Years ago, when I first learned how to fight in a dojo, my sensei then asked me to bow first before exchanging hard punches and kicks to my opponent. After several minutes, I'd end up with a black eye, bruised ribs or a sore jaw; Sensei would then ask us to bow again before leaving the floor. In the past, when I threw hands or rolled on the dirt scratching, biting and clawing my opponent, the furthest thing on my mind was "respect." I was in college not accustomed to this strange etiquette, but I was open to learning and wanted to understand why this and other teachings were so important to personal development. Sensei went on to explain that kumite or fighting should never be done in anger. Instead replace your anger with respect. When I asked why? He said because he was the instructor and he told me to. Didn't take me long to realize that it was best just shut up and do what he said. Being a hard head, asked to do something I wasn't accustomed to, it took me some time, but learned how to control my emotions and use this concept in the later years to better myself as a fighter, karate instructor and person.
Basically in dojo training, a true martial artist regardless of his feelings must show and make all efforts to respect everyone and everything around him. It is something that a person must feel not think, a sign of humility necessary for an open mind, which it turn helps the process of growth. This opportunity of learning is in abundance, information that can be used for advancement, as well as in battle to launch an attack or defend. In all cases, respect for others open the path for seeing things for what they are in an environment that encourages two-way communication. Perhaps this is why the Japanese in its Toyota Production Services asks all of its employees to “make every effort to understand each other, take responsibility and … best … build mutual trust.”
At the start of each work day, I find myself shaking hands with as many people I make eye contact with, rank and file members who brave the elements and perform tasks that challenge the limits of their physical and mental abilities. As a process facilitator, I ask these employees what could they have done better to improve their process: faster, better, easier and less expensive without sacrificing safety. Ideas: good, bad and indifferent appear, tribal intelligence are revealed. Had I not made the effort to approach them, these ideas would remain in obscrutity. Therefore, no matter how slight, I log the ideas offer genuine thanks, and tell him or her that the ideas will be processed. When they experience this recognition, I see an immediate empowerment.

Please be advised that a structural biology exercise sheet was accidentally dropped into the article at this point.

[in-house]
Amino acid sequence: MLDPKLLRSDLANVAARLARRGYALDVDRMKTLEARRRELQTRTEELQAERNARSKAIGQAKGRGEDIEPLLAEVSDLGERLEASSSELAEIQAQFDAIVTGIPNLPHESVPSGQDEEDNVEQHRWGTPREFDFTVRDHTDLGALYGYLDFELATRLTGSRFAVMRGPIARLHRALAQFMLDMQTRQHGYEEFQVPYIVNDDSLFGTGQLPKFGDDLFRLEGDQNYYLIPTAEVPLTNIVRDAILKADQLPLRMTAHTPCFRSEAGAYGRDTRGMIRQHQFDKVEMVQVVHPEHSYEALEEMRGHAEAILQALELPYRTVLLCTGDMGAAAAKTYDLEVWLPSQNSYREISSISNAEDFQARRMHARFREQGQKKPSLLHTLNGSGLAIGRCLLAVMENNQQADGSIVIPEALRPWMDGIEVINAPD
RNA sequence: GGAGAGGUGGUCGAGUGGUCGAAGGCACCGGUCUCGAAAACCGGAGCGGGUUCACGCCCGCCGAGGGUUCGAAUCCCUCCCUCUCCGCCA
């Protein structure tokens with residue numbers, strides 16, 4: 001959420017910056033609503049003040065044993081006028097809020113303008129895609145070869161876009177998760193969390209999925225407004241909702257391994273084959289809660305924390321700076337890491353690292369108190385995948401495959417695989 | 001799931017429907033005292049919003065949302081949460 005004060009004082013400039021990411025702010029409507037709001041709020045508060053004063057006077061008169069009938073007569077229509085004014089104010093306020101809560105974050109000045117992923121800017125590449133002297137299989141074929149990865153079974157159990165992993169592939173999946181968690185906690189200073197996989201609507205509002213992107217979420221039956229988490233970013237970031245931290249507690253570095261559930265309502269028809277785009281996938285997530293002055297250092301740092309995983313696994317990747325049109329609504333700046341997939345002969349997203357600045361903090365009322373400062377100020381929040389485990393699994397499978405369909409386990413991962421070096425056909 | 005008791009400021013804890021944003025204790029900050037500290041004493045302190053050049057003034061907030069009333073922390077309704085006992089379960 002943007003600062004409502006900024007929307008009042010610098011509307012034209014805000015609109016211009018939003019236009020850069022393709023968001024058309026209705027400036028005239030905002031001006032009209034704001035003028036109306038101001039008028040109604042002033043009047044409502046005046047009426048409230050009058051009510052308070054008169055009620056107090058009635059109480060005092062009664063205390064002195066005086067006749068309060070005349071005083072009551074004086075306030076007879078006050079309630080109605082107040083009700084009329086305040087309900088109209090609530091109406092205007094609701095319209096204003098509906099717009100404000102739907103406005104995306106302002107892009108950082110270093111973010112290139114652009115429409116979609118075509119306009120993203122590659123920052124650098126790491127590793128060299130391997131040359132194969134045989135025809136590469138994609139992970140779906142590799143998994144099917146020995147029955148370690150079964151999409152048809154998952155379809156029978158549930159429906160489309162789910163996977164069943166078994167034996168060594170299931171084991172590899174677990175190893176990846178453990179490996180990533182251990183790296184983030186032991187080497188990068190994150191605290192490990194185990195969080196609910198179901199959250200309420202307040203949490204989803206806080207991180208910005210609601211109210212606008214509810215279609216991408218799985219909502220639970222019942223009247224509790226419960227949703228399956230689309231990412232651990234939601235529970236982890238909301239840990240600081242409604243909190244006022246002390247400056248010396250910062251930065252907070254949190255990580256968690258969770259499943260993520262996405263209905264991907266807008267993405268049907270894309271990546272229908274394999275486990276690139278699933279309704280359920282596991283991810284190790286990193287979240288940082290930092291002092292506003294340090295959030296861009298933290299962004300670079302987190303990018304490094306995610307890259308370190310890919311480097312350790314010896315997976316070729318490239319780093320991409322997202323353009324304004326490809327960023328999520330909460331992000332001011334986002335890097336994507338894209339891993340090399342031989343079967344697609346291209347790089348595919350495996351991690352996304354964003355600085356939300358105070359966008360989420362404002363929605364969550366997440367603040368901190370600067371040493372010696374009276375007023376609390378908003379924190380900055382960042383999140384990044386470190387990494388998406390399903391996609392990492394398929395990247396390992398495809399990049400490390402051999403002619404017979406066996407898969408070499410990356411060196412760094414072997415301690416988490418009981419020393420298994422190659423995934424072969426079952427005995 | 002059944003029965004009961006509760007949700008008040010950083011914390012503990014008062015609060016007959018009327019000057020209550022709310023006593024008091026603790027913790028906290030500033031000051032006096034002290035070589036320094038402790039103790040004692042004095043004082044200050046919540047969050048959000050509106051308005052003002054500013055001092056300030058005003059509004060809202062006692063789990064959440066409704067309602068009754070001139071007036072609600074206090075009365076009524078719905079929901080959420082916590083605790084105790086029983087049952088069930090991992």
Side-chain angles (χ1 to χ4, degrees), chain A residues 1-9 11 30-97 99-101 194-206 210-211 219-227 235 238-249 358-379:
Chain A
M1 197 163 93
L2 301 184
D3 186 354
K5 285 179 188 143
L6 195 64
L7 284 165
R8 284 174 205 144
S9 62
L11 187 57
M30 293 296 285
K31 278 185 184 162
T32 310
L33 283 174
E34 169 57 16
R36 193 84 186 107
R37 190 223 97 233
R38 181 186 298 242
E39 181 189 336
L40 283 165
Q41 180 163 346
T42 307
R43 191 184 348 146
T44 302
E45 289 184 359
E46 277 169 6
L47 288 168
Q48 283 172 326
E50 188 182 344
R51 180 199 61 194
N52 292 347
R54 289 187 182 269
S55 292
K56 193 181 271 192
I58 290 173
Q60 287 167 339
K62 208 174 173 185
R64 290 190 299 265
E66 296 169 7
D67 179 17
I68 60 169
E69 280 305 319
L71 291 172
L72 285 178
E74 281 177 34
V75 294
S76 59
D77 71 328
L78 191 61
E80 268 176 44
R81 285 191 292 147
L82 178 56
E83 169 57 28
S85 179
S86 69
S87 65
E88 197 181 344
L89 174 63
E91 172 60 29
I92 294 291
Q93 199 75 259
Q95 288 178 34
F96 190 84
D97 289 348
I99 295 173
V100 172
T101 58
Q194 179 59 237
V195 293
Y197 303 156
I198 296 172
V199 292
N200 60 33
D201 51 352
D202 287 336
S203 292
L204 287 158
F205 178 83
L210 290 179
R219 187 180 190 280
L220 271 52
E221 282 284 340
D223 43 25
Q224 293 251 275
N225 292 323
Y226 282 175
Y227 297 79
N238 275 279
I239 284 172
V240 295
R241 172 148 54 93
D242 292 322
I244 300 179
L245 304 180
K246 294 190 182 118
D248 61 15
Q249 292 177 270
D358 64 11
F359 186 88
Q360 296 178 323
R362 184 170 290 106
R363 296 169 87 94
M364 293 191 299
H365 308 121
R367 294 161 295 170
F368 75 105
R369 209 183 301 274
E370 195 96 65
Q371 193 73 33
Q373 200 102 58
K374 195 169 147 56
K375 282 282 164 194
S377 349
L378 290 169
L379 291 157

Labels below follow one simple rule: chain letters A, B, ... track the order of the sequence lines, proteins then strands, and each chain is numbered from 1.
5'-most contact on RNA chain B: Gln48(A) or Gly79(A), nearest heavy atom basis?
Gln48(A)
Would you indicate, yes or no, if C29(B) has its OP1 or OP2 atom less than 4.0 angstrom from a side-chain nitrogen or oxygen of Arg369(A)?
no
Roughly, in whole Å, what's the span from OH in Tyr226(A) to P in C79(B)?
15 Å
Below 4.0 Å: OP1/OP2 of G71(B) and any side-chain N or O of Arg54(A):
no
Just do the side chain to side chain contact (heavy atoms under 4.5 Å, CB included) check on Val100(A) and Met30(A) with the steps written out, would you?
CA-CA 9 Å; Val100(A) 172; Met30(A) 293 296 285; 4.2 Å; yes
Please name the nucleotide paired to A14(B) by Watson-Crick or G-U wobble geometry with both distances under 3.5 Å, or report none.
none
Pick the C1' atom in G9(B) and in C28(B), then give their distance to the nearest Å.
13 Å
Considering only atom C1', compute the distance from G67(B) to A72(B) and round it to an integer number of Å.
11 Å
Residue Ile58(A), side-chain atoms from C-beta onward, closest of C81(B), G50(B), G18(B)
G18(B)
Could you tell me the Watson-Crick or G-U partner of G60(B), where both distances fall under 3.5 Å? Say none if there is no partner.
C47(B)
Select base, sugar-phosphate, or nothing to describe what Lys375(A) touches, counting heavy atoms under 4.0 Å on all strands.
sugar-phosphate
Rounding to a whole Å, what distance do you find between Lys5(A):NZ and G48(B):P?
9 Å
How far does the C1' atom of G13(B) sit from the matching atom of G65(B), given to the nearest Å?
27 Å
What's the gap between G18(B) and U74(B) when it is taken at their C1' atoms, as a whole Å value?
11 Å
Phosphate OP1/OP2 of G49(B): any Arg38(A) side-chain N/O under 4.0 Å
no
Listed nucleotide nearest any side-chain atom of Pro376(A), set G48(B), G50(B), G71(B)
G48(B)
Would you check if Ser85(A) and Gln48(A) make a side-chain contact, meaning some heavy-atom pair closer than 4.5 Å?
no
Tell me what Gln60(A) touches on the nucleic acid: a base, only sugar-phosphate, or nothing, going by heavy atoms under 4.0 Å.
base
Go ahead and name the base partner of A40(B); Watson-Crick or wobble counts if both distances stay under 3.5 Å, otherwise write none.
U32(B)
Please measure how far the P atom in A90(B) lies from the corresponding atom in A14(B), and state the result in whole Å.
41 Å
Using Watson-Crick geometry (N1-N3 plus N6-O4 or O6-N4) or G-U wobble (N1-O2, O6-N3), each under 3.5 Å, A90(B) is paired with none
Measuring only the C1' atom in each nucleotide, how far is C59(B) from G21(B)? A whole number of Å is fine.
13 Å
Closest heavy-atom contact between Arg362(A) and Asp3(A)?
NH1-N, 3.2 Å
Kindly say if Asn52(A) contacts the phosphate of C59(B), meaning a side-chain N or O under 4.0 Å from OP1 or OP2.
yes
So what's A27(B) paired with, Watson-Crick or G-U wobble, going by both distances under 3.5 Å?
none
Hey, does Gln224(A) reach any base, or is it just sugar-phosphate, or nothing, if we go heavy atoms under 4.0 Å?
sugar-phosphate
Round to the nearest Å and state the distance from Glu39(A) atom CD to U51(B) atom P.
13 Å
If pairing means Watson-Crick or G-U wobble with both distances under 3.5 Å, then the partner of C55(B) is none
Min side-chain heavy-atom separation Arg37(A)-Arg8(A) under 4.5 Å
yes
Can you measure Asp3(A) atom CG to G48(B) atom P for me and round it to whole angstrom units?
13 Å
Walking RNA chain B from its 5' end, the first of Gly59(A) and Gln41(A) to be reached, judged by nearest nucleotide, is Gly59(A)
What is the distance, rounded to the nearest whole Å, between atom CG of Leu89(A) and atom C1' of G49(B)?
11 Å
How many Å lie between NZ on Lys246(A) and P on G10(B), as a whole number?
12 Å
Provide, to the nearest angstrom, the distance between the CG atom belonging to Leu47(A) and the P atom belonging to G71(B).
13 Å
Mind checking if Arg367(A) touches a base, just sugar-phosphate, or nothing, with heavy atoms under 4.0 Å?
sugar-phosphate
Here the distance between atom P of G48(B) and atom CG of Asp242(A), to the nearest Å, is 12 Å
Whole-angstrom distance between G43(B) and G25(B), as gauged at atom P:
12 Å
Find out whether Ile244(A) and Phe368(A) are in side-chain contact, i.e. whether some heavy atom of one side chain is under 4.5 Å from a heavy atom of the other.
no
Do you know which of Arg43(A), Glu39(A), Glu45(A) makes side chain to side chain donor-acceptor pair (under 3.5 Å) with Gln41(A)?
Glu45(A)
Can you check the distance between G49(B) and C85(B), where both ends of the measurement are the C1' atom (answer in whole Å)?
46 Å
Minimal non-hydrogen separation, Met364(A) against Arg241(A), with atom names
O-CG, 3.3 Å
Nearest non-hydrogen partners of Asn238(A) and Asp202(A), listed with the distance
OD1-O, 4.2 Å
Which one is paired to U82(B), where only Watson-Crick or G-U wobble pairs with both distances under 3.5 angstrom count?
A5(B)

“Continuous improvement” I remind everyone and receive a resounding thumbs up.
Not many have the ability to sit down and document ideas that end up being policy or company practice. As I have these conversations, the opportunity to be heard trumps incentives: The best source of information comes from those that swing a sledge hammer, turn wrenches, operate equipment, weld pieces of metals together, operate vacuum, roper, guzzler and hydro-excavator trucks, climb in and out of confined spaces and abandon wells.
Even if you’re not in a karate dojo, you should make every effort if not habit to treat all individuals with respect. You'll be surprised with the results.